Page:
Move over, McDonalds and Hello Kitty marathon runs – it’s Hello Kitty’s friends who have taken the “kawaii” invasion to Singapore’s trains and buses and are driving fans into a frenzy.
Since EZ-Link launched five limited edition cards on 29 January featuring different characters from Japan’s Sanrio, many Singaporeans have been going from station to station on the MRT line in frenzied search of them.
The reason? EZ-Link sells certain designs only at certain stations, and Yahoo Singapore understands that this information is not public – meaning that fans have had to go to different stations and check a decal at the Control Station to see if there is stock available.
For example, the cards come in Little Twin Stars, Bad Badtz Maru, Keroppi, Pom Pom Purin and My Melody designs, but currently, certain stations only stock certain designs – some don’t stock any at all.
This has prompted significant backlash from frustrated fans sick of hunting down the different cards at different stations, with many taking to Facebook to vent.
“Designs (availability) are subjected to different locations, don’t get cheated by them!” posted Facebook user Kelvin Tan on EZ-Link’s Facebook Page, after he headed to Jurong East, Bukit Batok and Lakeside MRT stations only to find that they all had not stocked the My Melody Design.
His post later got a response from EZ-Link, which said that they needed time for the cards to be distributed across all the stations.
“Our intention is to make the design available across all TransitLink ticket offices. However, this might take time as Transitlink, our sales channel, needs time to disseminate the cards across Singapore,” read the post on 13 January.
Another post by EZ-Link on 29 January announced that availability would now be “dependent on location and on a while stocks last basis", leaving customers angered by their change of position.
Facebook user Katrina Kong called EZ-Link “cruel” for making fans travel from station to station to hunt down their cards.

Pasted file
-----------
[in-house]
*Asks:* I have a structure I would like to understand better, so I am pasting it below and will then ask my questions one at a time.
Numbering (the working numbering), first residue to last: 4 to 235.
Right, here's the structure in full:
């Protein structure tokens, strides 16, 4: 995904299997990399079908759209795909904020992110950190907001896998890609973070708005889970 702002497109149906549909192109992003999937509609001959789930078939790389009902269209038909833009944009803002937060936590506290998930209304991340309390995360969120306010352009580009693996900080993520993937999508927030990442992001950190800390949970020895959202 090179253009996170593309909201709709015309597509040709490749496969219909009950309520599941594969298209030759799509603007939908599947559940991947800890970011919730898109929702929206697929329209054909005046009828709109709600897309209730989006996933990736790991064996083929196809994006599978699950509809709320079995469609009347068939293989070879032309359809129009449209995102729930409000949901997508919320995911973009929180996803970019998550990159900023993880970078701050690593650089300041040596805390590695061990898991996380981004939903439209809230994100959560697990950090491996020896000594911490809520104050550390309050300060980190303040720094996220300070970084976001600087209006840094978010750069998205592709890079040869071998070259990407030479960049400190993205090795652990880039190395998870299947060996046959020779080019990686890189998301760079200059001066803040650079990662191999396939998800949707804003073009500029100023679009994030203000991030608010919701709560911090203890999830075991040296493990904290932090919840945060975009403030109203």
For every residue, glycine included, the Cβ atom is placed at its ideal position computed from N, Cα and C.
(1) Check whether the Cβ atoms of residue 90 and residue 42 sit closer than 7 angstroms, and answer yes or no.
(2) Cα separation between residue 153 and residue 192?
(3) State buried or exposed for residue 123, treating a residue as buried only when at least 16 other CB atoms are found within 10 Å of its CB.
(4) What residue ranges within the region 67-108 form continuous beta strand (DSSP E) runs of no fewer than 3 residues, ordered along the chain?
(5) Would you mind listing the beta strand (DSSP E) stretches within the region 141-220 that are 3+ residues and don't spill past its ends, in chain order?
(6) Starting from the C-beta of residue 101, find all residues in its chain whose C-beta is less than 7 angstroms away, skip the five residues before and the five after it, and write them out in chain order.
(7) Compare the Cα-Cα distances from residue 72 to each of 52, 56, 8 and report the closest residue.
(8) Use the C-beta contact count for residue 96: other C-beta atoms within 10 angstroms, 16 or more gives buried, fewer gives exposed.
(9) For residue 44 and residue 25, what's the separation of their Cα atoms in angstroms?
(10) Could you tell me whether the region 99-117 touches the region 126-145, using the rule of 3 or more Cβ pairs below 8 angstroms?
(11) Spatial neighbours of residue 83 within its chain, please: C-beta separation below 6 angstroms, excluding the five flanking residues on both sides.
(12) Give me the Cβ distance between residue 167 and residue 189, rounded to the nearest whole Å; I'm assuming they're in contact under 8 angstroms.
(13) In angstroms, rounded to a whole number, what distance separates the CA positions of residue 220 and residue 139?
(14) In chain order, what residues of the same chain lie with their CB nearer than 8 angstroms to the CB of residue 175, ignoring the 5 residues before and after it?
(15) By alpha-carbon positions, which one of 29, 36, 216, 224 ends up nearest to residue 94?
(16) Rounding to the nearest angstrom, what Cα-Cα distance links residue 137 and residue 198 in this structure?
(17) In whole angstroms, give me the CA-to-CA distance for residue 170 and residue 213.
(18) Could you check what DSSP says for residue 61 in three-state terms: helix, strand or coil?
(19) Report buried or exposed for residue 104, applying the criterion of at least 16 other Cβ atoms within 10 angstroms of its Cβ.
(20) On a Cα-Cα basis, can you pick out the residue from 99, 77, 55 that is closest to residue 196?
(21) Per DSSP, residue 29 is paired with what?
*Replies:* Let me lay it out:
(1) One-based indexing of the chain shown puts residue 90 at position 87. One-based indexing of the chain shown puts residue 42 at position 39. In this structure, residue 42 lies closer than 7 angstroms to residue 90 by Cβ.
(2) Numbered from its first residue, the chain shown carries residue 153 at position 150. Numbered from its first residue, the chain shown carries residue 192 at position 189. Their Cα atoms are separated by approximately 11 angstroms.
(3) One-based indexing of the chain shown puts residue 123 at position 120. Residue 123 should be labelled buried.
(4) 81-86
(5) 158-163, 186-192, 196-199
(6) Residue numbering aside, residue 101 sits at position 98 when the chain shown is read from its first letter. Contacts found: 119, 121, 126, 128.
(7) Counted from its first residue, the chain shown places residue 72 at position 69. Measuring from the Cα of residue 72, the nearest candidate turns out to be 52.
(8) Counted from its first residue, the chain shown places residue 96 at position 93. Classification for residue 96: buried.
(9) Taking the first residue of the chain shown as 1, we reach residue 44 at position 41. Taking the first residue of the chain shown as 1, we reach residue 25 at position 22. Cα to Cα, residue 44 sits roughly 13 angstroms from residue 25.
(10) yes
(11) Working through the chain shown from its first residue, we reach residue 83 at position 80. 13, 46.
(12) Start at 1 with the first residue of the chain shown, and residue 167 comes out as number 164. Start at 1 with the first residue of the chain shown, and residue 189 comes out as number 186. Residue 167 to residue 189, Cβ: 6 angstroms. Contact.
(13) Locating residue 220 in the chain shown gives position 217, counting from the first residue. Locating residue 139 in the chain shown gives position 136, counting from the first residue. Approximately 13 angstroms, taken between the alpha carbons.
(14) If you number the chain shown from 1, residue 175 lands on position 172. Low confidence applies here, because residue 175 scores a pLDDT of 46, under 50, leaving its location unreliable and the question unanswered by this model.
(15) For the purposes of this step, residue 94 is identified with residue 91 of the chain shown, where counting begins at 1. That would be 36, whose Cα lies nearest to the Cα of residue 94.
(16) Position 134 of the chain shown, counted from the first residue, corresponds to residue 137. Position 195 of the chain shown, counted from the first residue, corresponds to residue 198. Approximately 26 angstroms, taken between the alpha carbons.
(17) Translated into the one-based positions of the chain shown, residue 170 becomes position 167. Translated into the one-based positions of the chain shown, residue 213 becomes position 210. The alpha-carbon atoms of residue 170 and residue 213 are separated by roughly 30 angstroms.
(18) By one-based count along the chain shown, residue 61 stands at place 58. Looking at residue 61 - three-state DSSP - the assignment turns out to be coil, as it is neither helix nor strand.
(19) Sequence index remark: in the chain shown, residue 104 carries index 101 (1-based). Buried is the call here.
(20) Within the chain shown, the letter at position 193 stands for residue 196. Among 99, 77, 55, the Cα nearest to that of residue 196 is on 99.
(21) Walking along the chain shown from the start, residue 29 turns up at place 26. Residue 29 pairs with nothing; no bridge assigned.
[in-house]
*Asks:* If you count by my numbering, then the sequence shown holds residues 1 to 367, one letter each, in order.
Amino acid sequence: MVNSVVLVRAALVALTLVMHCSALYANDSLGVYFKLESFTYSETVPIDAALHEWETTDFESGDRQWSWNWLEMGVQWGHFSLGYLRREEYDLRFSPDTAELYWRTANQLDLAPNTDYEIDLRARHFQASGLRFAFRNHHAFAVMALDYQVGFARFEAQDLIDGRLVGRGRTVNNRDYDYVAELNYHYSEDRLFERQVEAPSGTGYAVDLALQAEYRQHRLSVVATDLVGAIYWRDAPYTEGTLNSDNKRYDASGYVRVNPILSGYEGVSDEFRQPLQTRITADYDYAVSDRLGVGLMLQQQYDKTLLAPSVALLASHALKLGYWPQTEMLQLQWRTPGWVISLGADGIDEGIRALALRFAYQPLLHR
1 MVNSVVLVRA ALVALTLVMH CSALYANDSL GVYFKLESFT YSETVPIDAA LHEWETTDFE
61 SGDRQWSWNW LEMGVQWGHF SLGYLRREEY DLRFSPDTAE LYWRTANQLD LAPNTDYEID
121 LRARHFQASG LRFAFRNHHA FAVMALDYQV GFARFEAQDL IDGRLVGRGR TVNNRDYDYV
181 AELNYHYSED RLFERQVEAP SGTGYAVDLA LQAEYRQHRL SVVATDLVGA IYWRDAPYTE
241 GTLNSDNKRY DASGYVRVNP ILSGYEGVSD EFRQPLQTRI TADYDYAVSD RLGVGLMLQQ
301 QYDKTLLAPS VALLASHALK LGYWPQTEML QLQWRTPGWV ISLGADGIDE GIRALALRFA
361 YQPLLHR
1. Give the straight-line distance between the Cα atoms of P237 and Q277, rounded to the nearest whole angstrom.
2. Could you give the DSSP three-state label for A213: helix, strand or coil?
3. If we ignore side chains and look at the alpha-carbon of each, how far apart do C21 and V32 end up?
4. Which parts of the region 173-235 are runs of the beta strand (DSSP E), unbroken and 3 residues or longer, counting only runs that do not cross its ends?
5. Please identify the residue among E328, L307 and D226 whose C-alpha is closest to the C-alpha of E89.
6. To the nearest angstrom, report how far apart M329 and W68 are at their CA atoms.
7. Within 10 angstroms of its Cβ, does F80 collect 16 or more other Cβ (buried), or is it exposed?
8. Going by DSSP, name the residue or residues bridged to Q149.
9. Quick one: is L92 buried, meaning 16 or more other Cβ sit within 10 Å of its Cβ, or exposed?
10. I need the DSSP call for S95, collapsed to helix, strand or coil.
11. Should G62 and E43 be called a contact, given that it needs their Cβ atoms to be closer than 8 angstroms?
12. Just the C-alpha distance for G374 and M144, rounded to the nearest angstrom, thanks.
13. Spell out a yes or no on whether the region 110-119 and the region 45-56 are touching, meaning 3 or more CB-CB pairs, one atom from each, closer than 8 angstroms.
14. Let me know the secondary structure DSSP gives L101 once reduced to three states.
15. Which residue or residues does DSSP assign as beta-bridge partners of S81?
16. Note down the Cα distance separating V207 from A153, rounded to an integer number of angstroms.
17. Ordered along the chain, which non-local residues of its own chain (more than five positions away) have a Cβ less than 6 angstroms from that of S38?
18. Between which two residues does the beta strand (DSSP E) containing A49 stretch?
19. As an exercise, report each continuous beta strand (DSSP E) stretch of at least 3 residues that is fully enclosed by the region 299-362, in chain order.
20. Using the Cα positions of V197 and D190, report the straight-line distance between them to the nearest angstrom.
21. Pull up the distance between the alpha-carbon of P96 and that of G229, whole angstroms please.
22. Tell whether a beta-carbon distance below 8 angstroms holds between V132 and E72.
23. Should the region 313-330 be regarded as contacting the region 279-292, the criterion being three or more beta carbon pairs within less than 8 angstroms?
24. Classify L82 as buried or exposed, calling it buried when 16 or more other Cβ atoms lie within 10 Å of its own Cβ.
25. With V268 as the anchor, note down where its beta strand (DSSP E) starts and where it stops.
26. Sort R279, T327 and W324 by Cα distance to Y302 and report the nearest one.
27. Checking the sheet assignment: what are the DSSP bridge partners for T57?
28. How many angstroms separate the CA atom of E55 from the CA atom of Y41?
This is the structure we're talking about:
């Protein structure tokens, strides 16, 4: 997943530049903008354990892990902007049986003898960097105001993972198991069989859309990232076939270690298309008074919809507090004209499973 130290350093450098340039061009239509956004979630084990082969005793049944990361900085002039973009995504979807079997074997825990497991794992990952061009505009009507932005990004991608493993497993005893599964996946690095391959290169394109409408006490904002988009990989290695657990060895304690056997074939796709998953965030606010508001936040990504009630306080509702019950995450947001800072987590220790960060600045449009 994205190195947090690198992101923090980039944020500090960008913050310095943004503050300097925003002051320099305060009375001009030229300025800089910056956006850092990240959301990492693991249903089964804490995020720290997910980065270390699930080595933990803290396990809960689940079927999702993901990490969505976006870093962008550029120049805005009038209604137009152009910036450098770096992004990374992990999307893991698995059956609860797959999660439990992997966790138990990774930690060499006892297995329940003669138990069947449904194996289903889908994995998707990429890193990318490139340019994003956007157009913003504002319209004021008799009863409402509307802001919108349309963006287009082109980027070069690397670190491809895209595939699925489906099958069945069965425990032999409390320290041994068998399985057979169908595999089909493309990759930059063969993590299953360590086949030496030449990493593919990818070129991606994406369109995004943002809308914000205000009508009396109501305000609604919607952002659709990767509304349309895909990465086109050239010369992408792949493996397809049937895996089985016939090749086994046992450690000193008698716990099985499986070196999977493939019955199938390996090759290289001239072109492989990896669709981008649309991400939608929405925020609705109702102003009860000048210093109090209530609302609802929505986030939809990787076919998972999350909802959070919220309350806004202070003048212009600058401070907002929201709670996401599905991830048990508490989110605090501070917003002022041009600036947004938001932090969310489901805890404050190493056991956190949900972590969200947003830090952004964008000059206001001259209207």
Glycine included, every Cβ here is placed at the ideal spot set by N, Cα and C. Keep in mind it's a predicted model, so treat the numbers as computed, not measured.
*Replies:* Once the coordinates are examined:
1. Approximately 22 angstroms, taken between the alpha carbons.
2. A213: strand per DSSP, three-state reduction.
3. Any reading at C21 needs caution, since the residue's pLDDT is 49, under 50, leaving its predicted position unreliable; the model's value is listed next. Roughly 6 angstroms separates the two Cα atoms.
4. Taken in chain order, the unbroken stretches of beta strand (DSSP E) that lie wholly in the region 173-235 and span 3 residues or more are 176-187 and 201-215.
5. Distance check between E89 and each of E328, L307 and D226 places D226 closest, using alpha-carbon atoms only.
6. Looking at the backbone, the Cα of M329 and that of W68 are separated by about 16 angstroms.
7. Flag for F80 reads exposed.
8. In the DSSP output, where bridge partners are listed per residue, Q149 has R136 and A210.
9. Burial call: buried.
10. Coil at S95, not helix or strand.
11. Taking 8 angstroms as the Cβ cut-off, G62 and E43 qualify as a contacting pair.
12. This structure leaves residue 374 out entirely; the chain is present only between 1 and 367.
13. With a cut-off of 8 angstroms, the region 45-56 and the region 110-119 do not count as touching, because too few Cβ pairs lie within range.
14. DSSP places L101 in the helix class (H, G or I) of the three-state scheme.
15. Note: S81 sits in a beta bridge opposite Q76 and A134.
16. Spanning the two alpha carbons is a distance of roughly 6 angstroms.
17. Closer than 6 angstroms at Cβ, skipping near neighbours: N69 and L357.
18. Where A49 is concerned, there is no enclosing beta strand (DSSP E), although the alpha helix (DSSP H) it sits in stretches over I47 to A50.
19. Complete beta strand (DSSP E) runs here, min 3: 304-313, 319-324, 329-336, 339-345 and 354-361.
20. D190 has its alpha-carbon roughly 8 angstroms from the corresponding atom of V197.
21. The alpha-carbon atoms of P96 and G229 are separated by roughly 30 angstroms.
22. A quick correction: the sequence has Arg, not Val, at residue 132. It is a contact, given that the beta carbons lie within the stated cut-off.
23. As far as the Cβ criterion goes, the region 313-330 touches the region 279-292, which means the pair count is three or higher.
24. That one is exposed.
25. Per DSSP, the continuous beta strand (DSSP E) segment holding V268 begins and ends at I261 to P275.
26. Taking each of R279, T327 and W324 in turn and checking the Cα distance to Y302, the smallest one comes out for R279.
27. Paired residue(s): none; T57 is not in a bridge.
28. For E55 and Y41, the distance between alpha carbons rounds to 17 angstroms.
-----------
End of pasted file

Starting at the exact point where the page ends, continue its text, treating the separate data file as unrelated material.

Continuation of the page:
“It would be useful to provide the information on where it will be sold instead even if it's progressively being pushed out. If you're really afraid that posting the ticket offices that these cards will be made available would create long queues and disrupt your daily operations, you could learn from McDonald's and sell these Sanrio designs as a set for all Sanrio fans to collect,” she posted.
Facebook user Clarence Speed said that he travelled from Outram to Chinatown, Fareer Park, Serangoon, Hougang and finally Sengkang in search of the My Melody card.
“People waste money tapping out so many times,” he posted, saying that EZ-Link should give correct information about where the cards were available.
The “limited” stock and confusion over availability has led to a thriving black market of resellers who sell full sets of the five cards for $88, or $20 more than what they would cost at retail.
Sale postings on online marketplace portal and app Carousell advertise “preorders” for the full sets, while more popular single designs went for $18, or $6 above the retail value of the card.
Bank executive Georgia Quek, 34, paid $90 for a full set of five cards from a Carousell seller.
“I tried to buy them myself but seriously, how to track down all the cards at all the stations? I have to work, you know,” she told Yahoo Singapore.
“My daughter really likes the designs so I just bought them from a reseller to save the trouble.”